Andrea/Cara here, I have a hard act to follow this week, as on Monday Anne plied you with tea and scrumptious goodies, followed by Mary Jo hosting our birthday celebration on Wednesday, complete with cyber chocolate and champagne. By now you are all replete with sweets and good cheer . . . leaving me wondering what titillating fun I can offer.
Well, at the Wench birthday there was much mention of how you all enjoy jumping into the research rabbit holes with us—so let’s all get down and dirty on the subject of botanical illustration in early 1800s London!
As I have an art background, I’m always delighted when research leads me to a visual subject. I’m currently working on the third book of my Wrexford & Sloane historical mystery, and the Royal Botanical Gardens at Kew figure into the plot. (I have to be a little careful here, as I don’t want to give away any spoilers.) I needed to know some details on botanical art of the era.
But before we burrow any deeper, allow me to pause for a bit of backstory. From some research I did for one of my older Cara Elliott romance novels, I was aware that one of the pioneers of turning the accurate depiction flora and fauna specimens into a real art form was a German woman named Maria Sibylla Merian (her art is at the top and to the right) who lived in the late 1600s. (I always love discovering that a historical woman was influential, and am happy to see that many of them are finally getting recognition—though there's still a long way to go.
Trained in art by her stepfather, the still life painter Jacob, she became fascinated by insects as a child and was one of the first artists to collect specimens and draw them from life. She gained recognition in her field and supported herself after divorcing her husband by teaching art in Amsterdam. Later in life she traveled to Surinam, in South America and published a book in 1701 on the country’s exotic insects, which earned her renown throughout Europe.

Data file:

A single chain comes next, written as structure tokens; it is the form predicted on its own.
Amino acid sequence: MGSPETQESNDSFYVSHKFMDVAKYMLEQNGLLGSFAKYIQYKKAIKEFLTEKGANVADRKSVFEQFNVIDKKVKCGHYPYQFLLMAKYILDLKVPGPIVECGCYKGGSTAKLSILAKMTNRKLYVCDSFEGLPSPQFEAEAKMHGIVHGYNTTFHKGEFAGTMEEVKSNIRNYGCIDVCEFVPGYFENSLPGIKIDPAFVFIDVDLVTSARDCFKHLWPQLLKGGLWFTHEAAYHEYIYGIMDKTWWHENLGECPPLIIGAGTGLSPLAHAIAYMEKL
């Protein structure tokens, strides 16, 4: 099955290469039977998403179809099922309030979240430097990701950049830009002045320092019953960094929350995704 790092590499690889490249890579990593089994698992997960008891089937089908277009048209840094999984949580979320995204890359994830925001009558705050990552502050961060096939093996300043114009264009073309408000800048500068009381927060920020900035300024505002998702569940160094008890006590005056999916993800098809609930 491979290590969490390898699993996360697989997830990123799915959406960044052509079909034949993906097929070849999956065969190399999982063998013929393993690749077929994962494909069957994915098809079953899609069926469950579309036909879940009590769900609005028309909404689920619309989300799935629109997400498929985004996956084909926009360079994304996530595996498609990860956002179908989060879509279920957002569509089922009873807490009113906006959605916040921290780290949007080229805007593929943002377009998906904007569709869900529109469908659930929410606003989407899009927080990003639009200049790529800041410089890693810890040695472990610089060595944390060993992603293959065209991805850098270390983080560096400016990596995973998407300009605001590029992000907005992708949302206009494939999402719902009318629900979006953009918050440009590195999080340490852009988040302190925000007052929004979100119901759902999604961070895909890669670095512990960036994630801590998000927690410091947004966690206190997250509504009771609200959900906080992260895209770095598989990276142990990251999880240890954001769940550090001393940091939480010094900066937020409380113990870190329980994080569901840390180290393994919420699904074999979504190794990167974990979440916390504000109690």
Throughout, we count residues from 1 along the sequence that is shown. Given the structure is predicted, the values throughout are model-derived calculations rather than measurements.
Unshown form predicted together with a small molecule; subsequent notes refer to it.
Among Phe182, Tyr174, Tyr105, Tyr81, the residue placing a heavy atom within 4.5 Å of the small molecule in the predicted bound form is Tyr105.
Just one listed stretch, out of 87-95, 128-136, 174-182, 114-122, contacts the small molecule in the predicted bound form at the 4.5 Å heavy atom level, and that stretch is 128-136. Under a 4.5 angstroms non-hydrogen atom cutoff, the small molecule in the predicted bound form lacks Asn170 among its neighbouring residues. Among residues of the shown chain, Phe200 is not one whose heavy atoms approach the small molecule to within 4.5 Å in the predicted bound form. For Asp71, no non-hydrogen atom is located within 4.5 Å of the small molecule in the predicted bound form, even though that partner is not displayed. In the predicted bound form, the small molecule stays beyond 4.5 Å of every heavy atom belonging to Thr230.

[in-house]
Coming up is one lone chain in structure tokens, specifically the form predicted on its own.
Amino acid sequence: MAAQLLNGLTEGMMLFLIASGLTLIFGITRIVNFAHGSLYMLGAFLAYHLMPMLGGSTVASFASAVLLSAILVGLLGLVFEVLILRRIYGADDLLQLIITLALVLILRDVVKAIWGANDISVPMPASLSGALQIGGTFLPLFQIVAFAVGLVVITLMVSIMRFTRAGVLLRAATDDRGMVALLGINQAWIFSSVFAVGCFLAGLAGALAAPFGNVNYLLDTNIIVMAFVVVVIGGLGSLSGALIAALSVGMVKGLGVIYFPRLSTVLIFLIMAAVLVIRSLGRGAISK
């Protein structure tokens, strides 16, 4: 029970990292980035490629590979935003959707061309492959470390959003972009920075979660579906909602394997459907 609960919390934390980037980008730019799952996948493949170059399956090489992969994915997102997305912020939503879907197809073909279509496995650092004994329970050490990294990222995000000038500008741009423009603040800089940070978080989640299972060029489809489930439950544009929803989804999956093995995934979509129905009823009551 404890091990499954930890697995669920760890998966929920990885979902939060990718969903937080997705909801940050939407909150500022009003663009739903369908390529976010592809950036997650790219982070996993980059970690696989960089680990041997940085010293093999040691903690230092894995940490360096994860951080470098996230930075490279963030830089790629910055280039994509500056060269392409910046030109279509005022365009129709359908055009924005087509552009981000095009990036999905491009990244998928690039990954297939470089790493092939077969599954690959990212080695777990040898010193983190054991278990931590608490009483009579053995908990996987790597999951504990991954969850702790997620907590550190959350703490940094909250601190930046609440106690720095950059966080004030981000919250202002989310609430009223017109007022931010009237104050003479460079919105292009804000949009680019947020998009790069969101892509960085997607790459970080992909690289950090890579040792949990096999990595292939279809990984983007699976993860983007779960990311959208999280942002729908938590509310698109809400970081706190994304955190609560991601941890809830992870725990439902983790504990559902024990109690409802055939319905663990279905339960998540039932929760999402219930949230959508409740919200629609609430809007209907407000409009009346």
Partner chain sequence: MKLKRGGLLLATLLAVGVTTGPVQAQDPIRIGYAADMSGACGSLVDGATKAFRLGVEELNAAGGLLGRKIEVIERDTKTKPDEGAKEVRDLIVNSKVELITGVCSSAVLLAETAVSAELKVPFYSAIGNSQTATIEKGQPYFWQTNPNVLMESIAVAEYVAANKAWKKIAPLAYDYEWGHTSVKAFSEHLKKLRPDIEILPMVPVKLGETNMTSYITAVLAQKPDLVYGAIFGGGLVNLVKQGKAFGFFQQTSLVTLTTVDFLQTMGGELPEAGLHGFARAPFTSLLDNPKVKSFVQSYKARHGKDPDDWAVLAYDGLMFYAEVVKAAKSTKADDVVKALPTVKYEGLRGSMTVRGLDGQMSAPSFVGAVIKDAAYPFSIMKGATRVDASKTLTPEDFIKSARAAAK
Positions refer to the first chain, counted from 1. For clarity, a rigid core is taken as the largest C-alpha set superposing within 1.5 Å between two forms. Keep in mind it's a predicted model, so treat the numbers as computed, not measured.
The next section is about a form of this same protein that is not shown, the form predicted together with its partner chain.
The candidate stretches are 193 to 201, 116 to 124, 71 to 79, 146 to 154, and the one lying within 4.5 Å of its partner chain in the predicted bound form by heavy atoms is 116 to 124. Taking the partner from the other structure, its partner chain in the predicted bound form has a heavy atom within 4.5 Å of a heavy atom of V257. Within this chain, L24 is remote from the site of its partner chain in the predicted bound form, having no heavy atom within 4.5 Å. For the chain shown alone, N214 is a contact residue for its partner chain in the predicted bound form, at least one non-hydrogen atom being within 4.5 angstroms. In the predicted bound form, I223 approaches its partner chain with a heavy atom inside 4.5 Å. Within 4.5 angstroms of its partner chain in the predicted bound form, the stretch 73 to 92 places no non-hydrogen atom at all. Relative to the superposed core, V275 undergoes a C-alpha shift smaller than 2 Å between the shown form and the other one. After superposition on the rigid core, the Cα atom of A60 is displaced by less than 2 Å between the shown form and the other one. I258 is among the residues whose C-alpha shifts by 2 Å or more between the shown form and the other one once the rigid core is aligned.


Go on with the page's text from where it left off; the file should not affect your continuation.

The 1700s saw the flowering of the Age of Exploration, especially in Britain, what with the East India merchant ships, the naval journeys of men like Captain Cook and the scientific expeditions funded by the Royal Society. One such voyage, a trip to the South Seas by Cook in 1769, in order to record the Transit of Venus included naturalist Sir Joseph Banks as part of the scientific crew members. ((By now many of you know Sir Joseph is a great favorite of mine for his curiosity and enthusiasm about the world around him . . . and I couldn’t resist having him make a cameo appearance in my new book)
Now, back to the rabbit hole! Banks was key in getting the Royal Botanical Gardens to commit to building a serious collections of plant specimens from around the world—and he started it by donating his own private collection brought back from his travels. As President of the Royal Society, one of England’s pre-eminent scientific institutions and informal advisor to King George III, he dispatched numerous expeditions and botanists around the world.
He also hired garden designers and —ta-da—botanical artists! (I love it when real life gives me exactly what I need for a story.) To whit, Banks was very impressed by the talent of Austrian artist Franz Bauer (in England he’s known as Francis Bauer) and hired him as “Botanick Painter to His Majesty” for the princely sum of 300 pounds per year. It turned out to be a great match. Bauer loved being at Kew, where he was constantly provided with new an interesting plants to draw and paint.
Following in the tradition of Merian, he was a stickler for accuracy and detail, but also imbued his art with a vitality that makes them not simply dry textbook renderings, but lively, inventive works of art. He was also one of the first artists to use a microscope in order to depict the anatomical structure of the plants he was drawing—which created works of great scientific value. When he died, his collection of drawing and paintings was bequeathed to King George IV and was presented to the British Museum in 1841 by Queen Victoria.
So, that’s a quick in and out on one of the many “Hmm, I wonder what information I can find on this . . .” moment that occur in planning—er, or in my case, pantsing—a book. (I’m utterly incapable of making a nice, tidy outline of how the protagonists get from point A to Point B, because I haven’t a clue until I start writing!
Since many of you expressed an interest in research rabbit holes, my question for you today is, what special subject would you like to see one of the Wenches explore? Between all of us, I’ll bet someone is thinking on your subject and just might oblige!